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    I am not a financial advisor so take this as an observation from one who has simply seen it all.

    The current return on Whole/Universal Life policies will look very attractive as a safe/"risk free" return. My DS was pitched a policy last summer from Ohio National Life. If I'm not mistaken, the current return is in the neighborhood of +4%. That stacks up nicely against CD's and Treasuries, but it is also a return which is heavily dependent on returns on bonds which were purchased 10-30 years ago. Those risk free returns are history for now which will cause the overall portfolio returns to drop overtime. As interest rates increase those portfolio returns will increase more slowly. There is nothing else for these insurance companies to buy other than real estate whose values have been inflated by those very same low interest rates.

    The agents will pitch also pitch the notion that Social Security will not be available, by the time of retirement age, for those in their 20's. Further they will sell the notion that tax rates will skyrocket, making Whole/Universal life policies even more attractive since those returns aren't taxed. The tax treatment is very attractive and a real benefit. I wouldn't dare commenting of future policy changes other than to say that Insurance Companies also hire the lobbyists with the biggest offices on K street...right next to Washington office of the AARP.

    To me there are two very attractive aspects to these policies. The first and most important is "insuring insurability in perpetuity", which Capt MJ explained in the military context. The second is systematic unemotional saving; just treating savings as the next payroll deduction following taxes.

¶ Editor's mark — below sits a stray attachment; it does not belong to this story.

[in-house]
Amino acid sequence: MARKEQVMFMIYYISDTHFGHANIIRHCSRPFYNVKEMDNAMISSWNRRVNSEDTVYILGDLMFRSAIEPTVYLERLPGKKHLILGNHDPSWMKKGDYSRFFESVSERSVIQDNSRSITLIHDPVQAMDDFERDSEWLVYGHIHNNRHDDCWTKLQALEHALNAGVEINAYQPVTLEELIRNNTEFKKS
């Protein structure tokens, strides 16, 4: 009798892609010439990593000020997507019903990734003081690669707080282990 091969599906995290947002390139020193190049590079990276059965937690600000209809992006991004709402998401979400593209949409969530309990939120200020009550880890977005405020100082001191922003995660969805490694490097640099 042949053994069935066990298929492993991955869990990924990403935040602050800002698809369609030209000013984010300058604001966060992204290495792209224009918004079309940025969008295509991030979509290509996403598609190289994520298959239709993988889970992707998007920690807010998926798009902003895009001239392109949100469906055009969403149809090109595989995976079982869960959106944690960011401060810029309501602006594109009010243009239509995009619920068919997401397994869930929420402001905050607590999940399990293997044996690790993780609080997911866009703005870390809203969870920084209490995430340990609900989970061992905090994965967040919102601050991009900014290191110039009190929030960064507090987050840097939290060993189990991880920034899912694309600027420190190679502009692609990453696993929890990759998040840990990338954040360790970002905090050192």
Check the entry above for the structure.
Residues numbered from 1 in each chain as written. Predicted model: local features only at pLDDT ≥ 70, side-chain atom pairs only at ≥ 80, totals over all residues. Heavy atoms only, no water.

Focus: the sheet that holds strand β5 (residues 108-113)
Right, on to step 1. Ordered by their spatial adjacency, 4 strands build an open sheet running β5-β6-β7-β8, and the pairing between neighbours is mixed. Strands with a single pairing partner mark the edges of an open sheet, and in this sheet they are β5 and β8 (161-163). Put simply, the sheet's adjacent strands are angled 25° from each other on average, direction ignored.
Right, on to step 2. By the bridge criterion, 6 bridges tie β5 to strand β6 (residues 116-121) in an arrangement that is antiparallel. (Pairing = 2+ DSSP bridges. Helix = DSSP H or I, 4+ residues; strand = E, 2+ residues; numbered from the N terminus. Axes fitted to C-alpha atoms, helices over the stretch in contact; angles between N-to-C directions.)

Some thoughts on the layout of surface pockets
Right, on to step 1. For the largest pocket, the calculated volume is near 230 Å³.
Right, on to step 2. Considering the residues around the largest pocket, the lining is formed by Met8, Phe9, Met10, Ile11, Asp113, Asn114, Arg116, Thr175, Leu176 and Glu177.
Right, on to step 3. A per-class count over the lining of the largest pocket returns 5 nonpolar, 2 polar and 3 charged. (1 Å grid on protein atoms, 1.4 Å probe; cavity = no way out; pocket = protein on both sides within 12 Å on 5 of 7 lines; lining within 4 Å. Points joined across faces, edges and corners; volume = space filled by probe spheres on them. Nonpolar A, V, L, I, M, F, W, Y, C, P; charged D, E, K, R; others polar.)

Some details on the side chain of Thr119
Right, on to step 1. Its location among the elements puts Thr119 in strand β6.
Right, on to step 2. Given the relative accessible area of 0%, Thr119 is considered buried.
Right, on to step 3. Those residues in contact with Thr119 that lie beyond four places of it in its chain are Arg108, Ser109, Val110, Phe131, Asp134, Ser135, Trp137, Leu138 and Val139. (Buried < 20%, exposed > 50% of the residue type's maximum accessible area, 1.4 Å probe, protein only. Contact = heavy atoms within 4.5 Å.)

Grunt, thanks for starting this thread. My DS commissions in May, works the summer, and hits the Army payroll in Sept with a decent bank, no debt and a feeling of invincibility. You don't need life insurance if you're never going to die. He has actually been asking questions like these in the abstract and my answers have been extremely general, so I'm all ears for specifics.
     
    Last edited: Apr 6, 2015
  8. Aberj391

    Aberj391 New Member

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    Why do you feel that permanent life insurance is a loser for the policy owner? This is a topic of great interest to me.
    Thank you
     
  9. Pima

    Pima Parent

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    I can see purchasing it for a different reason. As he gets older the premiums cost more. The policy we got had 2 distinct things.
    1. It allowed you to purchase more at certain age increments, basically every 3 years until 41. The premium was set at the same price when he was 25, even if he purchased at 38 or 41 thus it was cheaper in the long run.
    2. Bullet was allowed to have the premium reduce when he took a desk assignment and it would remain at that cost. Fliers typically have higher premiums due to risk.

    Now, with that said I was pregnant when we took out life insurance, we had the SGLI only up to that point. We took a c combination of whole and term.

    I don't see taking life insurance out under the basis of what the USAA agent was stating.
    1. If anything happens at this point 400k should be enough to cover any outstanding debt they may have incurred, and that includes a MTG.
    2. If they end up being medically separated, chances are they would be eligible for VGLI. (Veterans)
    3. I am not sure how much the military gives for burial costs, but I recall it was several thousand for AD members.

    If I was to advise anyone, including my DS, I would say get a mixture of both, but more term than whole. Term decreases substantially after 40 or 50. However, if you invest properly over the long term, than your investments can offset the insurance. Theoretically your home can also be listed on the asset side. Additionally, you will have a second career. Most companies offer life insurance as part of their compensation package. Bullets life insurance is tied to his pay. I believe it is 3 years salary. We did not take VGLI upon retirement because we already had purchased private when he was 25.